|Dev Patel stars in “Lion.”|
Familiar themes of displacement, familial dysfunction, a desire for resolve, and great cast performances all help Garth Davis’ debut feature film, “Lion,” evoke all the feels at all the right times. “Lion” is a poignant drama that takes viewers on a laborious personal journey that, fortunately, lands in inspiration and the aforementioned resolve. Though the film successfully plays on its viewers’ emotions, it does have its shortcomings in other areas. Are these shortcomings so prominent that they distract from the truly remarkable story that the film is based on? Nah. But they are shortcomings that keep this good film from reaching the status of excellency that it seems right on the cusp of.
Based on a true story, the film introduces us to a young Saroo (Sunny Pawar) and his older brother Guddu (Abhishek Bharate) collecting items along train tracks that they eventually trade for milk to supplement their small family which consists of them, their mother (Priyanka Bose), and their baby sister. From the jump, the love between the brothers is apparent and worthy of an emotional investment from the viewers. This is due most definitely to the amazing chemistry between the two young actors and their raw performances that make each moment we’re with them feel genuine and precious—as if once the cameras stop rolling, the chemistry persists. The gently protective older Guddu and the younger Saroo, wide-eyed with fascination for his older brother, is a dynamic that viewers grow to appreciate and find comfort in within the first ten minutes of the film.
This comfort is diminished, however, during the pivotal series of scenes that leads to the separation of Saroo and Guddu. A separation that changes the course of the film and Saroo’s life as he (and the film’s viewers) knew it. In perhaps one of the most anxiety inducing sequences I’ve seen, viewers are thrown into the panicked mindset of young Saroo as he wakes up on what was originally an idle train, now moving at full speed—his lethargy quickly shifting into a full-on frenzied state. From an anxiety-ridden train ride to a bustling train station in Kolkata where he doesn’t speak the native language, Saroo’s helplessness is unbearable and most certainly felt. Saroo goes through a series of struggles and close calls (two of those with apparent recruiters for some sort of child labor ring), when he finally catches the attention of a young man who happens to have a connection to an orphanage that actively places lost or abandoned children with families from all over the world. From the orphanage, Saroo is sent to Australia and is welcomed eagerly by his new adoptive parents Sue (Nicole Kidman) and John (David Wenham) Brierly.
We honestly don’t see much of Kidman and Wenham, but when we do, Kidman’s performances are impactful and meaningful—aiding Saroo’s story and leaving more than enough room for Dev Patel to to take the lead and really show his dramatic acting chops (which were real good). The family dynamic between Saroo and his adoptive parents isn’t nearly as engaging as the one between his biological mother and brother. Saroo and Sue do share a beautiful moment when he reveals to Sue that although he is in search of his birthplace and family, he recognizes Sue is a vital part of his life. Aww. But as mentioned before, Patel’s interaction with Kidman and Wenham are pretty minor in the large scope of things. These interactions prove to be important to the course of the film, but are minor nonetheless.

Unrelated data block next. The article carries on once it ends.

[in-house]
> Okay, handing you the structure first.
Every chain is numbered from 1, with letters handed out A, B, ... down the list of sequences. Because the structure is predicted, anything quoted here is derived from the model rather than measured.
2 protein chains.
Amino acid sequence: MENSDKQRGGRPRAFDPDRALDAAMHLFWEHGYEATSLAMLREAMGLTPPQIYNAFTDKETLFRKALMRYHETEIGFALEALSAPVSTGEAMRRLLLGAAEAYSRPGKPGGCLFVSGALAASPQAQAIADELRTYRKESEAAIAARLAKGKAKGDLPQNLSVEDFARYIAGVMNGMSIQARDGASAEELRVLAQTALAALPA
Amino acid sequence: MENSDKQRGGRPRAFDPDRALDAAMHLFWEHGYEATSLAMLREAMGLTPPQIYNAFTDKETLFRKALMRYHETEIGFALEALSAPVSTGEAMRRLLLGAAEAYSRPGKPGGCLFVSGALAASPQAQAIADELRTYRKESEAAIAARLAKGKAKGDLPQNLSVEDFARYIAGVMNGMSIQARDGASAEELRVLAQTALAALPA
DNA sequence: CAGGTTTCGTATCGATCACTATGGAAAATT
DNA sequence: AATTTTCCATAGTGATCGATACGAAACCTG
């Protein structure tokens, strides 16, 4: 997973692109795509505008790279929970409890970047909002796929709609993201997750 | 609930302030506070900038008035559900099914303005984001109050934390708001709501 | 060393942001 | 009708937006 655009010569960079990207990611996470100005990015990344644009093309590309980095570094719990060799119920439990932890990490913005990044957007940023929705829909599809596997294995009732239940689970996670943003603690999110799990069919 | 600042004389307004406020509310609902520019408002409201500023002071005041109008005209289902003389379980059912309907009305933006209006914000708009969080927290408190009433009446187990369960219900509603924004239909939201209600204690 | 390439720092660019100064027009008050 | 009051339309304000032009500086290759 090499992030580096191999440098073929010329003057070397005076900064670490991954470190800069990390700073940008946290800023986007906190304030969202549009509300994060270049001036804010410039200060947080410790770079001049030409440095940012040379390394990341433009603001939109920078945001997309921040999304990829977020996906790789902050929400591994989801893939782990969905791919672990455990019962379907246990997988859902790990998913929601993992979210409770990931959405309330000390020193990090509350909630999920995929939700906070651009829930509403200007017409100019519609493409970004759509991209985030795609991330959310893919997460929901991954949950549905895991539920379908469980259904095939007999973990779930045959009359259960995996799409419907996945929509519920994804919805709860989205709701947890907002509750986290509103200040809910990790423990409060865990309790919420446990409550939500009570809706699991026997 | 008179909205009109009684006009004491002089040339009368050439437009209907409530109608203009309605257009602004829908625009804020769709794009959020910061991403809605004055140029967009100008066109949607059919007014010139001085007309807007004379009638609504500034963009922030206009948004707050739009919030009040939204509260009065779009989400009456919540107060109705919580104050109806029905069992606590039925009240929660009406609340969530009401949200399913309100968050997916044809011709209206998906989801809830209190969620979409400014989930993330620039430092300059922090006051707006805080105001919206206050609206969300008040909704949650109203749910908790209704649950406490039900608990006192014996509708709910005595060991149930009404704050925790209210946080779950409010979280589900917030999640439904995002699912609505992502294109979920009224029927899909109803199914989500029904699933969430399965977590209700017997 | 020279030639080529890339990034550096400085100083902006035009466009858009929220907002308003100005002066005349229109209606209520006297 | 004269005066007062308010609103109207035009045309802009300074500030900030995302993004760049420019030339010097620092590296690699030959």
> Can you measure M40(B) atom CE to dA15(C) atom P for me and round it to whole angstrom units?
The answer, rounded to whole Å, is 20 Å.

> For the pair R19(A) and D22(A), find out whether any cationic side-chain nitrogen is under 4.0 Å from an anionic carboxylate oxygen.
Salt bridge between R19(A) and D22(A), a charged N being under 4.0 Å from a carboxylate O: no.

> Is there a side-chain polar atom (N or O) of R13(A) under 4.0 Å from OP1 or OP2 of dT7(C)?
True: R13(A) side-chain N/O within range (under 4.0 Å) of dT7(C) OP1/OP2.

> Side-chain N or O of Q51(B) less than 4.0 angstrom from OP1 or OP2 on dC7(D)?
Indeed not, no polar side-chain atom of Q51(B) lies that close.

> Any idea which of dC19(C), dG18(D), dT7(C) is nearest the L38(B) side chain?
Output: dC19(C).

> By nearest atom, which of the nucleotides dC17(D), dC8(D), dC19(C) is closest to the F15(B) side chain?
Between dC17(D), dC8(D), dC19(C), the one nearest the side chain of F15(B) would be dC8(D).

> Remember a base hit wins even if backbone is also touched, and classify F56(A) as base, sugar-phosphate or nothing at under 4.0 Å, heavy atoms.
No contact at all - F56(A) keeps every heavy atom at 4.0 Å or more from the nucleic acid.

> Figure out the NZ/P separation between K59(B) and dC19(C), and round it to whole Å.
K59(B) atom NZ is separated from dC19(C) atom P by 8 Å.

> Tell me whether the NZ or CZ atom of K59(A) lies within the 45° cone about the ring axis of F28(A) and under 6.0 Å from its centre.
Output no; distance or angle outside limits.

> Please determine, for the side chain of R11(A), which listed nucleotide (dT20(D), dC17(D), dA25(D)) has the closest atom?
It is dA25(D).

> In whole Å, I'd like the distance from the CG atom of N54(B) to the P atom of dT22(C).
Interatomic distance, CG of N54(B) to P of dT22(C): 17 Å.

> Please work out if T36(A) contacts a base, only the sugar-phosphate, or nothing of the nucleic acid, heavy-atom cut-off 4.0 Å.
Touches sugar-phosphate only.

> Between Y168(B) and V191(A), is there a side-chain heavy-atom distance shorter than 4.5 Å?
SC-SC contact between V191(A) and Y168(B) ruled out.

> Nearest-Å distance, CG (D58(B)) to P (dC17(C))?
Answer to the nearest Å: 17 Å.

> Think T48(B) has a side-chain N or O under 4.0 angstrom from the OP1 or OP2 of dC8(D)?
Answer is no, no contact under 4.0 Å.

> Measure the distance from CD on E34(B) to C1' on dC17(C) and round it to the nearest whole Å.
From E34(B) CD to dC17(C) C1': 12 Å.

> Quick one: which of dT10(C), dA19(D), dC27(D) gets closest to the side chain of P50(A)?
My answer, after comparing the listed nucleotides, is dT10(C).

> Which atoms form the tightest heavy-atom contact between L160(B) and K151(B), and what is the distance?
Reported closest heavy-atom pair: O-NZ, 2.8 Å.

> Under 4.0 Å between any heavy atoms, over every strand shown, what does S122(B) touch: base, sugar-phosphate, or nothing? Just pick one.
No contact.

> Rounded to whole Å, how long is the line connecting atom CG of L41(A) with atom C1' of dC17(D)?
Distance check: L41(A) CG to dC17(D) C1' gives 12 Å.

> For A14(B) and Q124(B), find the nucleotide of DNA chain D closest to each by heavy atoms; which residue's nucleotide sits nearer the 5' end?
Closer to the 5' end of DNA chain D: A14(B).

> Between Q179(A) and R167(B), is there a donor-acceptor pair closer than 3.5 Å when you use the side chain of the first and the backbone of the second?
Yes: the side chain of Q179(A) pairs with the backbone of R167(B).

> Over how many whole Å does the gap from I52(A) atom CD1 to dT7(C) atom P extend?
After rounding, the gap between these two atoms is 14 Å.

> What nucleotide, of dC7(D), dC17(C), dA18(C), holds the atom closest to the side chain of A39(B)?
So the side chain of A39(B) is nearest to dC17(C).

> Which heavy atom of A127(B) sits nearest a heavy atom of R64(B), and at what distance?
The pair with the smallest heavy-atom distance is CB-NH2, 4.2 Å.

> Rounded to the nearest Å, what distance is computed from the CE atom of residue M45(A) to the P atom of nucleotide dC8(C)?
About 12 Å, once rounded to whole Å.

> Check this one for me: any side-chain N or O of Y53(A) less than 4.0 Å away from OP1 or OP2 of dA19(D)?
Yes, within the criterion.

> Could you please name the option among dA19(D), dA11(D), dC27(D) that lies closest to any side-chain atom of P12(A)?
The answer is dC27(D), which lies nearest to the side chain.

While we don’t get to extensively see the ins and outs of the relationship between Saroo and his adoptive parents, their moments together never seem particularly rushed or poorly strewn together (even amongst multiple time lapses), it just seems that we get a glimpse of them when we need to—which works.
|Rooney Mara and Dev Patel play Lucy and Saroo, respectively.|
Unfortunately, this is not the only place where the story feels rushed and falls short of my expectations. Saroo’s actual search for his home, which was shown through a series of flashbacks, close up google earth searches, and a frustrated Patel jamming pins into a wall map was anticlimactic to say the least and didn’t give me as much satisfaction as I needed. While I get that Saroo’s search was one done mostly from Australia and not a good old fashion retracing-of-steps discovery, the search still had the potential to be fulfilling, but wasn’t. In fact, when Saroo suddenly finds his home in a final google earth search scene (and realizes that he’d had the name of his town wrong the whole time!), I narrowed my eyes in disbelief. ‘No….that can’t be it….there’s got to be more obstacles….is that it? Oh. So that is it…OK.’ With the film being based on a true story, I’m sure that this is, in fact, how the quest panned out. It just doesn’t translate as a super exciting pursuit onscreen.
While at times predictable, and other times ostensibly lacking in depth, the solid performances and super heartwarming ending make this film pretty good and save it from being just another eye-roll worthy tearjerker. The fact is—the beginning of the film with Sunny Pawar’s fantastic performance as young Saroo, the intensity Dev Patel brings to his performance as older Saroo, and the unique story of real life Saroo Brierly, all truly saved this film for me and are the main reasons I would cite when telling people to give the film a watch. Would it have been nice to have it exceed the usual ‘based on a true story’ film formula? Of course. But the film does a great job nonetheless of highlighting a truly exceptional story with and exceptional cast to match.
3.5 out of 5 stars.